The United Kingdom has become a member of a free trade bloc embracing 500 million consumers. And it isn’t the European Union. No wonder, then, that some Remainers are feeling triggered by Rishi Sunak’s success in steering Britain to join the Comprehensive and Progressive Trans-Pacific Partnership (CPTPP).
David Henig, UK director of the European Centre For International Political Economy and a longtime Remainer, griped: ‘It assists particularly those companies with trans-Pacific supply chains…The UK is mostly involved in European supply chains. And that’s why the economic impact is trivial. It could even be negative.’
The FT’s chief feature writer Henry Mance even used an old skit from Father Ted in which to mock Brexiteers, commenting: ‘Explaining to Brexiteers that it’s not just how big a market it is, it’s how near it is.’
With the deal confirmed, the UK is the first European nation to join a club boasting Australia, New Zealand, Japan, Singapore, Canada, Mexico, Chile, Vietnam, Malaysia, Peru and Brunei as members.
In signing up, we incur no free movement obligations and will not be required to make CPTPP law supreme over British law or pay net contributions running into billions of pounds.
In fact, membership will come with a responsibility to maintain national control over our regulatory and trade regime, thereby likely precluding us from ever rejoining key EU institutions (short of first withdrawing from the CPTPP). This also makes a ‘high-alignment’ strategy with the EU more difficult for any UK government to pull off long-term. That should be a source of some comfort at least to those hard-line ERG Tory Brexiteers who feared such a fate would automatically follow on from Sunak’s ‘Windsor Framework’ agreement with the EU.
By contrast, it is no doubt a source of particular soreness among British europhiles who were hoping an administration led by Keir Starmer would at least be able to take significant preliminary steps on a long march to ultimately rejoining the Brussels club. Some have taken to pointing out that the projected extra economic growth that will come from being in this alternative collective amounts to just 0.08 per cent of GDP over the next decade or so.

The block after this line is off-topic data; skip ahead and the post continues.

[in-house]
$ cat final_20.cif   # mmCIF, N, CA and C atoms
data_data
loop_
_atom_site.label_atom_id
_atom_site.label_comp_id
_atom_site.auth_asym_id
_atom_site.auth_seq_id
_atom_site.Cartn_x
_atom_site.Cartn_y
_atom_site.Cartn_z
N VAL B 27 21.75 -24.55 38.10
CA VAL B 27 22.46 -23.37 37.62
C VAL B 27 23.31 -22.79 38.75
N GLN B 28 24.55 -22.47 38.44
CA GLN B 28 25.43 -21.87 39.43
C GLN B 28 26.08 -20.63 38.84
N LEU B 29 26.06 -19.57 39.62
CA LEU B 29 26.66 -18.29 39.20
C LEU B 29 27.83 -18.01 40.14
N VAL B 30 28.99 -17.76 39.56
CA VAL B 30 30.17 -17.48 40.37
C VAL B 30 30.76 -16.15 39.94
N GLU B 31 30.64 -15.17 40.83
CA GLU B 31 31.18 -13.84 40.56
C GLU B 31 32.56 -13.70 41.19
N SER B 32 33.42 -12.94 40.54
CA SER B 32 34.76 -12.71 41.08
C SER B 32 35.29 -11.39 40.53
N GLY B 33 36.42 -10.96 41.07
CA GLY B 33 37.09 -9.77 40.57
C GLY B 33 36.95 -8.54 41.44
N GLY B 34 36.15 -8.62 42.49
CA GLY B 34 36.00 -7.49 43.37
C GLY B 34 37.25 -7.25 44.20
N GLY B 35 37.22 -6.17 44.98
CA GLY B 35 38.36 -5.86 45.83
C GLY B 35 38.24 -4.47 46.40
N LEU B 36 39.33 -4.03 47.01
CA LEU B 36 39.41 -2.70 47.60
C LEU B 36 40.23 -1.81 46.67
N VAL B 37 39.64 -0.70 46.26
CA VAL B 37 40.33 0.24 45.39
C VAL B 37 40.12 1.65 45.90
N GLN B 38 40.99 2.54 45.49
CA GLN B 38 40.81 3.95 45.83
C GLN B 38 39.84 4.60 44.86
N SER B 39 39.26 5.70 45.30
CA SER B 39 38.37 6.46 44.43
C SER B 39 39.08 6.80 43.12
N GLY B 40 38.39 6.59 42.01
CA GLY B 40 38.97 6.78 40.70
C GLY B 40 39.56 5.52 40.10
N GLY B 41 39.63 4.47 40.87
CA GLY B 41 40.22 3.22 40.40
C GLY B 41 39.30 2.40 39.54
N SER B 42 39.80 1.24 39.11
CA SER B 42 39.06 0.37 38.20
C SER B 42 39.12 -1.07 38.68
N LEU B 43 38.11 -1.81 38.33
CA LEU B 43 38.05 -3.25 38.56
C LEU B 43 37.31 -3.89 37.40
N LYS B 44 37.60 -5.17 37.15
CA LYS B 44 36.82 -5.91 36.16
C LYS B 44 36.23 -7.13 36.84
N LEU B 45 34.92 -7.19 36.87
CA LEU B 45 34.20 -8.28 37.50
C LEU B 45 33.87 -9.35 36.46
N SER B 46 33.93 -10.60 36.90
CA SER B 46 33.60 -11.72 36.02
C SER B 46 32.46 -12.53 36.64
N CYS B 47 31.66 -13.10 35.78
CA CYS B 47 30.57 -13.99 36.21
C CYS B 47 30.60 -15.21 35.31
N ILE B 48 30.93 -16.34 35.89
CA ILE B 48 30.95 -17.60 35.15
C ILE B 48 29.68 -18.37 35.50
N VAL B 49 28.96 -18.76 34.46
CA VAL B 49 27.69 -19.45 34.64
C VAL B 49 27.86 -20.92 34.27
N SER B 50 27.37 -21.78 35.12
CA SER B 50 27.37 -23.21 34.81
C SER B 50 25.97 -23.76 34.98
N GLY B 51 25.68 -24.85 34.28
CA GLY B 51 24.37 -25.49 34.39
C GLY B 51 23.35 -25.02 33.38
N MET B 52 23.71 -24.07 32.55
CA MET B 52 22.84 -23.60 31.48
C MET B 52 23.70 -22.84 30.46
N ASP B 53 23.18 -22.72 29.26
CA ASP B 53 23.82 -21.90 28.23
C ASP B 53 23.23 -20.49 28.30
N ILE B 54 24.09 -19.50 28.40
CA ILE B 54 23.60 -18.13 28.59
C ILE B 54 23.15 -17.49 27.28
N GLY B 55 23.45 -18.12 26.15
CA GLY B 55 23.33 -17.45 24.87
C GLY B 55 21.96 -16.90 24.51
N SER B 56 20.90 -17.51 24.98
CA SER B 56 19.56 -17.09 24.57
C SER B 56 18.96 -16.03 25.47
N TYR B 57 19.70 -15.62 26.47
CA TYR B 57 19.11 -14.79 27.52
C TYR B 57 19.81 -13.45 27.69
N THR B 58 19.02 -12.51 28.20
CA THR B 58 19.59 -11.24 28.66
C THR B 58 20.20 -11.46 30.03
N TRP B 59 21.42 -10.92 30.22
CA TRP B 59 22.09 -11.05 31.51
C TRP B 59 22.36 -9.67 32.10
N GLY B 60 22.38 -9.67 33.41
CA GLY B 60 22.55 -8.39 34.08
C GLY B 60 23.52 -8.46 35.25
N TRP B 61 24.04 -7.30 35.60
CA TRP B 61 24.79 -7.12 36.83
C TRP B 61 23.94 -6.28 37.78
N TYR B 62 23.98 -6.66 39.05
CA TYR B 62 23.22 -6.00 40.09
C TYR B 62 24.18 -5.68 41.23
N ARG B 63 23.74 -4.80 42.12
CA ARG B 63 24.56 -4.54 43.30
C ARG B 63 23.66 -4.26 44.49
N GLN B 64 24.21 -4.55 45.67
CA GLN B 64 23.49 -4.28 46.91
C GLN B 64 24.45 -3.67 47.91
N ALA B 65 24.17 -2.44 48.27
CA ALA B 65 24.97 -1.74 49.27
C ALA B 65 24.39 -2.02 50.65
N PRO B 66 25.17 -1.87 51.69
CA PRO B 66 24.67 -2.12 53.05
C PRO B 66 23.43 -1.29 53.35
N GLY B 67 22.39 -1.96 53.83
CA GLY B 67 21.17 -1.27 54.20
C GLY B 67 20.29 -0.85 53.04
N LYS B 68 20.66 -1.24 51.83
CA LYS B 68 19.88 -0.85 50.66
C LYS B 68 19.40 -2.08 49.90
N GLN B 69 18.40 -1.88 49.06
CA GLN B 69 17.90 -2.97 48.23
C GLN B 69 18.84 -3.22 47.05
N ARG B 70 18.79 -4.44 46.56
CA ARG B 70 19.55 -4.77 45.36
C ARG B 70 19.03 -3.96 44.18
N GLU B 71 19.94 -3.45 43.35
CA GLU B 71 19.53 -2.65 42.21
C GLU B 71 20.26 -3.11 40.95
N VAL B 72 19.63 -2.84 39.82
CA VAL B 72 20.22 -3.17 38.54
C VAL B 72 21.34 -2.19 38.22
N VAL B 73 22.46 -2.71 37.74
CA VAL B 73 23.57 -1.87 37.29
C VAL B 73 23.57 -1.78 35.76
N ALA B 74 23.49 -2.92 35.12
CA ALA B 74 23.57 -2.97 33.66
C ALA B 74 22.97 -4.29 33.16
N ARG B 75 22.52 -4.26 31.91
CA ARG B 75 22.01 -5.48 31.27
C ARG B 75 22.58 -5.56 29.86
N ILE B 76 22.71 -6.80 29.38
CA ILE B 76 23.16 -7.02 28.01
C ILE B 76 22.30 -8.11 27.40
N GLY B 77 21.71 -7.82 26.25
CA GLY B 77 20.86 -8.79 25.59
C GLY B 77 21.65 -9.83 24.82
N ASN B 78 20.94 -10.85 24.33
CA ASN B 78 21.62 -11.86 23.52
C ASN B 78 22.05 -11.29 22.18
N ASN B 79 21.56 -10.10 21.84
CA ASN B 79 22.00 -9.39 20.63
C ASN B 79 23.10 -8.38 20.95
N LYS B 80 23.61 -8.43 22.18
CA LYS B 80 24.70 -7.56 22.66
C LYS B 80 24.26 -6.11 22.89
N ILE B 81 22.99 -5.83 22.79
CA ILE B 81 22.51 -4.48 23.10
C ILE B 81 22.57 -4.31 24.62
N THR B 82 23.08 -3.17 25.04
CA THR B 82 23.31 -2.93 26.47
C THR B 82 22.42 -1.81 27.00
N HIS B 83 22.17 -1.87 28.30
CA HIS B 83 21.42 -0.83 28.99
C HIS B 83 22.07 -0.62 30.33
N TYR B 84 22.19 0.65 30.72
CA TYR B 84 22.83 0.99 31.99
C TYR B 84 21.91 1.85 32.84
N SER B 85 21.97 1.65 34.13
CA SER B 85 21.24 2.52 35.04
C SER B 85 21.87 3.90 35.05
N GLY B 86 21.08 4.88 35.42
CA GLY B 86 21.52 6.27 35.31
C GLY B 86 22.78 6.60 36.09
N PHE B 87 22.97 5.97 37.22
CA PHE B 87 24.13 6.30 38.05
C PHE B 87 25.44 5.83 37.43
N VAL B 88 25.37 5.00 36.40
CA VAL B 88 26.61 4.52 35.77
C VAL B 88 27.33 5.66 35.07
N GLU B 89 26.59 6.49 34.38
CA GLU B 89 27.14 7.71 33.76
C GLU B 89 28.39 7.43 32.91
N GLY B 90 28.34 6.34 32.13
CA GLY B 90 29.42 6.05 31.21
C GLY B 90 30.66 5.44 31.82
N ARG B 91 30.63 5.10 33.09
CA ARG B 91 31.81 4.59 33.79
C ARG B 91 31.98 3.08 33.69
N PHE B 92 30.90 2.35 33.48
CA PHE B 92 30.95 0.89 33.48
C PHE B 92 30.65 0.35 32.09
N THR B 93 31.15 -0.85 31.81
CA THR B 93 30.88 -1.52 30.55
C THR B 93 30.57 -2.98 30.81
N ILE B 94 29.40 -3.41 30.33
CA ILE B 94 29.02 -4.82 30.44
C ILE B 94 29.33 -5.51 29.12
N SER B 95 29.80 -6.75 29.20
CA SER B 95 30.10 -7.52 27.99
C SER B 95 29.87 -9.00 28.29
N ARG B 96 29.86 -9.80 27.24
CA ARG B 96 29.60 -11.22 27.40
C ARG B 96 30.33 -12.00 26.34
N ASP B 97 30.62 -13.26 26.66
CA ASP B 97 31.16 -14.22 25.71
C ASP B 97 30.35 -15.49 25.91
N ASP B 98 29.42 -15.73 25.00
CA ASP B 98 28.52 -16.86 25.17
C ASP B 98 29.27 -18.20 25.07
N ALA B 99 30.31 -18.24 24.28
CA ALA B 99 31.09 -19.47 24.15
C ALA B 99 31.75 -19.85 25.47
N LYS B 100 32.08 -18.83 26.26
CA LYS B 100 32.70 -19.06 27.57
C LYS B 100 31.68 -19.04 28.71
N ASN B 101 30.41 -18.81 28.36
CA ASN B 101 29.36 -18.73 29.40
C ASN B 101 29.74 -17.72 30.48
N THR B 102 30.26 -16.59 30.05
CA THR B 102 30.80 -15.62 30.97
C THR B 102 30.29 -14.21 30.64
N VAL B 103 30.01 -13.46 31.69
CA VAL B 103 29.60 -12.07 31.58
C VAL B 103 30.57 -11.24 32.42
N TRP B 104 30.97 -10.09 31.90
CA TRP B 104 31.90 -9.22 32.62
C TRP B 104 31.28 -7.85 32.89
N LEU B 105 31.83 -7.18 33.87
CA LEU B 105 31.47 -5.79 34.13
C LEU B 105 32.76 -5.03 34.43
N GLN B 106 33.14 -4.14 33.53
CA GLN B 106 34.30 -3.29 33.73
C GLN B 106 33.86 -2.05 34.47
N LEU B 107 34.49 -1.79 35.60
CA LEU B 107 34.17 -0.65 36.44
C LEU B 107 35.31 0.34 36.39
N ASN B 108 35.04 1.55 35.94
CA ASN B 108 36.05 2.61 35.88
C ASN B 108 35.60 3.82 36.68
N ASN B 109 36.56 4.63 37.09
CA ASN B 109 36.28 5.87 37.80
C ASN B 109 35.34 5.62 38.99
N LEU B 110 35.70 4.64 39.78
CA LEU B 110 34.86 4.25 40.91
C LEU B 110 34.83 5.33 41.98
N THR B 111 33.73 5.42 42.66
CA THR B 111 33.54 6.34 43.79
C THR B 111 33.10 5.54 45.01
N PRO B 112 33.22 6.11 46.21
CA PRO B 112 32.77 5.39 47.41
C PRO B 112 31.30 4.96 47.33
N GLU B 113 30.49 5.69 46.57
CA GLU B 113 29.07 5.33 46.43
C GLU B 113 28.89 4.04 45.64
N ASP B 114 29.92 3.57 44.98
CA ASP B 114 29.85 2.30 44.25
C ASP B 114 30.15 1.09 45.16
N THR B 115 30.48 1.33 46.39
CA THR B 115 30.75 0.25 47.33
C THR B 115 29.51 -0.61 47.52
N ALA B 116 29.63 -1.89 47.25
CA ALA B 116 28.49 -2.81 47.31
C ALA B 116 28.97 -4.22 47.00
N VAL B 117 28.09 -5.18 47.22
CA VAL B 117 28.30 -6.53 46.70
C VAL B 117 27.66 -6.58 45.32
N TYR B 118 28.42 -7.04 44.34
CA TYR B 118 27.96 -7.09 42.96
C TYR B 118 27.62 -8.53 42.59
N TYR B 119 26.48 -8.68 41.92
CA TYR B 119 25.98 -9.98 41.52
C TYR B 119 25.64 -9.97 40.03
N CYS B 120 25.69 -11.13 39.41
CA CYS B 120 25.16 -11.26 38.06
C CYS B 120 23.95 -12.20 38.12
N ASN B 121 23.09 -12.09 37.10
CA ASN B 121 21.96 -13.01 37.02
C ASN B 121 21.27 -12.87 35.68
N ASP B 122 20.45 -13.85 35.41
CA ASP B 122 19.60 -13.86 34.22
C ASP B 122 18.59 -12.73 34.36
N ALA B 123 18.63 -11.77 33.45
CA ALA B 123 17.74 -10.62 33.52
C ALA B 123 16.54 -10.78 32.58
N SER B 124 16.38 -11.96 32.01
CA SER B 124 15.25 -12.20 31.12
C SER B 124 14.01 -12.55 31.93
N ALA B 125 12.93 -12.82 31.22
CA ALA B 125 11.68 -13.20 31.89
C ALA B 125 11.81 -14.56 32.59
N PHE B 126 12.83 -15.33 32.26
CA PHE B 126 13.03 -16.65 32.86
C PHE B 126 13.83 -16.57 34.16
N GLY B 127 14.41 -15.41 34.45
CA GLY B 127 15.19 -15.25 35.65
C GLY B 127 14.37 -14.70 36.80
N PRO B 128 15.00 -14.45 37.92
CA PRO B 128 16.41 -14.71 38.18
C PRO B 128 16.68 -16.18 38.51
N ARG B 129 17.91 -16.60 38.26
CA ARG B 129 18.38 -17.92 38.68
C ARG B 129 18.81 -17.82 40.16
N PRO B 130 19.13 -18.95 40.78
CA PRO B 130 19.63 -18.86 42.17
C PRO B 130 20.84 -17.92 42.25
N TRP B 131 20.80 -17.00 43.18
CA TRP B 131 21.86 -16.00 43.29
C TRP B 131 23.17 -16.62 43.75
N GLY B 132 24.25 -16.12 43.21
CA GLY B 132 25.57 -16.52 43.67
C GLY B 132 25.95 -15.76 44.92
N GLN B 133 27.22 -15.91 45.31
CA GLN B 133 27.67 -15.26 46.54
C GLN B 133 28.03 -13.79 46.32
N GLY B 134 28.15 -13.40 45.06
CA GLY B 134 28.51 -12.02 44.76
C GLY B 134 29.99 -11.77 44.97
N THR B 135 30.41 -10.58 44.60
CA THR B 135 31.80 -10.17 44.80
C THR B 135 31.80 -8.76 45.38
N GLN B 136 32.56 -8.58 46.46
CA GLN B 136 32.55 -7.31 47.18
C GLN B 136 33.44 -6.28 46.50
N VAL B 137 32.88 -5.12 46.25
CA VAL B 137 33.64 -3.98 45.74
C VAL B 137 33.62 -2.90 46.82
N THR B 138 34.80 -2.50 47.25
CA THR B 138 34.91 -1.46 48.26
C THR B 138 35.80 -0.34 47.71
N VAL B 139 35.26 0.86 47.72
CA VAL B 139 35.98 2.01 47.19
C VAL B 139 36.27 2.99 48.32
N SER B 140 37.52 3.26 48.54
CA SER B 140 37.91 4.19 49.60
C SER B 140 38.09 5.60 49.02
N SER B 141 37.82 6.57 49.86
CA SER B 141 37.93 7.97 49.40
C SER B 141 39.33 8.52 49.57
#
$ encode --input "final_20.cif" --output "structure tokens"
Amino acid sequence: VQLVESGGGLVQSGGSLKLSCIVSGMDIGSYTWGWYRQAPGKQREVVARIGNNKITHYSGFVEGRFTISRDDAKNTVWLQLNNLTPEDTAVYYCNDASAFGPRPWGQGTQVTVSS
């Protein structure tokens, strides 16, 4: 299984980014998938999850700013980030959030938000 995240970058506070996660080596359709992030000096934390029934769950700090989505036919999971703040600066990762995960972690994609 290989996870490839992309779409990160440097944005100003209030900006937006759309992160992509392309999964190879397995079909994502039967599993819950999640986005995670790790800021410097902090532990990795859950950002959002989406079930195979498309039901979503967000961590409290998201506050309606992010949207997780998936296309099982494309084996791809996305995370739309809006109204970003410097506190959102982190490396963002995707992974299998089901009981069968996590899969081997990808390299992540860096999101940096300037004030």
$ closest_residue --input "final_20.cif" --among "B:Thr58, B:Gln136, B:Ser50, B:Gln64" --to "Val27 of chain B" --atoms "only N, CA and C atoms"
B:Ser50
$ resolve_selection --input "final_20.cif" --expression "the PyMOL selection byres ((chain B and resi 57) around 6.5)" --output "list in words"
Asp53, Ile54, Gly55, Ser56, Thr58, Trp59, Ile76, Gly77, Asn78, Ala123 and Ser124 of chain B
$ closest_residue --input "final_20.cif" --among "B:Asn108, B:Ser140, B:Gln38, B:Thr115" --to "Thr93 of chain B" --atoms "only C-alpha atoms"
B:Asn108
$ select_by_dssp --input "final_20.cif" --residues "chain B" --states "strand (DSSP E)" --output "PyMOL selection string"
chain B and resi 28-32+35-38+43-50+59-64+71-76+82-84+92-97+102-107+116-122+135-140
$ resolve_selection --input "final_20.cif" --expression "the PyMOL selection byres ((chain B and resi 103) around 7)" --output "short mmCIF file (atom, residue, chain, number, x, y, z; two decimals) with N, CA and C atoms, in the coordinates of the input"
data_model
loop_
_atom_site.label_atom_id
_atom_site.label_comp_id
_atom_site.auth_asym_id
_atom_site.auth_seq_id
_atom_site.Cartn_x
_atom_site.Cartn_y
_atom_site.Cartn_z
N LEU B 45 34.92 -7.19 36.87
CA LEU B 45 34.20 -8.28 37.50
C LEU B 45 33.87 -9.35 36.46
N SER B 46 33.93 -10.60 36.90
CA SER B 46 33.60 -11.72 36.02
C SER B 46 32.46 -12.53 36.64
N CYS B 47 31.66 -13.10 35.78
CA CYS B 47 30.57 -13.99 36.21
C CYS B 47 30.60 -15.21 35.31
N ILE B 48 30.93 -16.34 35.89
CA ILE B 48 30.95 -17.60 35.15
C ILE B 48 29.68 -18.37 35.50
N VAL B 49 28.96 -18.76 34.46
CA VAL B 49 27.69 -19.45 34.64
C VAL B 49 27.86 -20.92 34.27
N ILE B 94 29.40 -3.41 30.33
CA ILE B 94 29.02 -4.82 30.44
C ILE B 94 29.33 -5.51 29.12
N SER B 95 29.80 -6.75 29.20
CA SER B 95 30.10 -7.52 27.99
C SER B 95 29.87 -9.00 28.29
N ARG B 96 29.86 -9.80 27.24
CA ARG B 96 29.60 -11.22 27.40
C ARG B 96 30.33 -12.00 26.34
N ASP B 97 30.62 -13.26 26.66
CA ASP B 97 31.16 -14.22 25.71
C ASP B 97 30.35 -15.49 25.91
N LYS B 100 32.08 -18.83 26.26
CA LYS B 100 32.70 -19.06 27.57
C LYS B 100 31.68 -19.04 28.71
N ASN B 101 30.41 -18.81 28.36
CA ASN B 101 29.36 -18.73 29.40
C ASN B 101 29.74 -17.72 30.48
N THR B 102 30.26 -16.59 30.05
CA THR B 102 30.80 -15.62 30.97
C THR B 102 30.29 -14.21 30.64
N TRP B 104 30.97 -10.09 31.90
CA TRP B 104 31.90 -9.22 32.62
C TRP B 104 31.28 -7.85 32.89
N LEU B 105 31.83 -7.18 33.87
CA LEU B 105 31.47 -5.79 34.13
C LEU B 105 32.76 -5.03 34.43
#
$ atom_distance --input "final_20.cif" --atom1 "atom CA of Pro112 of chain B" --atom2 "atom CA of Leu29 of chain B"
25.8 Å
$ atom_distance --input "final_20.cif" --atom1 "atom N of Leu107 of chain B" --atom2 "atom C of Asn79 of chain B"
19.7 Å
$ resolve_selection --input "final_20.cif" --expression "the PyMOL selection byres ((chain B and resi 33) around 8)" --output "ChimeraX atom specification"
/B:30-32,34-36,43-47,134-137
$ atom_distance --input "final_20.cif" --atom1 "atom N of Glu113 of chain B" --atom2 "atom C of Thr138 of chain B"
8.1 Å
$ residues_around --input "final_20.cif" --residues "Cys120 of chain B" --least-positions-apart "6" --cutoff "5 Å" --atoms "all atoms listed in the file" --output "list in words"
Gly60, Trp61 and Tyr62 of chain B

This, however, is guesswork based on ‘gravity’ trade models weighted heavily towards geographic proximity that are becoming less predictive of global economic flows. The real possibility of the US signing up in the next five years or so would drastically alter those calculations too.
The key point is that CPTPP membership will facilitate tariff-free access for 99 per cent of British-made goods to economies that are generally growing faster than European ones and already roughly match the combined GDP of the EU. The ‘Global Britain’ vision of a subset of Brexiteers may finally be taking wing.
As Rishi Sunak put it during a visit to Oxfordshire this week:
‘If we are able to accede that will be an exciting moment for the UK, great opportunity for all our businesses to export to a massive and fast-growing market and, again, just demonstrates the Government getting on with things that are going to make life better, create jobs across the country and deliver the benefits of Brexit.’
Not only is this a feather in his cap, but also in the cap of his Business Secretary Kemi Badenoch who took charge of the negotiations. Allies of Badenoch characterised the deal as being akin to what the European Economic Community could and should have become before the super-staters took a grip: an organisation ‘all about trade, not regulation and immigration.’
One does not have to possess Panglossian levels of optimism on his behalf to see in all this the seeds of a political brand for Sunak that might yet prove hard to beat at the ballot box: a calm presence who works hard, pays attention to detail and gets useful stuff done.
Barriers to entry against British products in the global marketplace are coming down. While barriers against fresh British entanglement in the nascent European superstate are going up. If that doesn’t actually amount to being the best of all possible worlds, then even for the hardest-to-please Tory Brexiteer, it still ought to be greeted as pretty good news.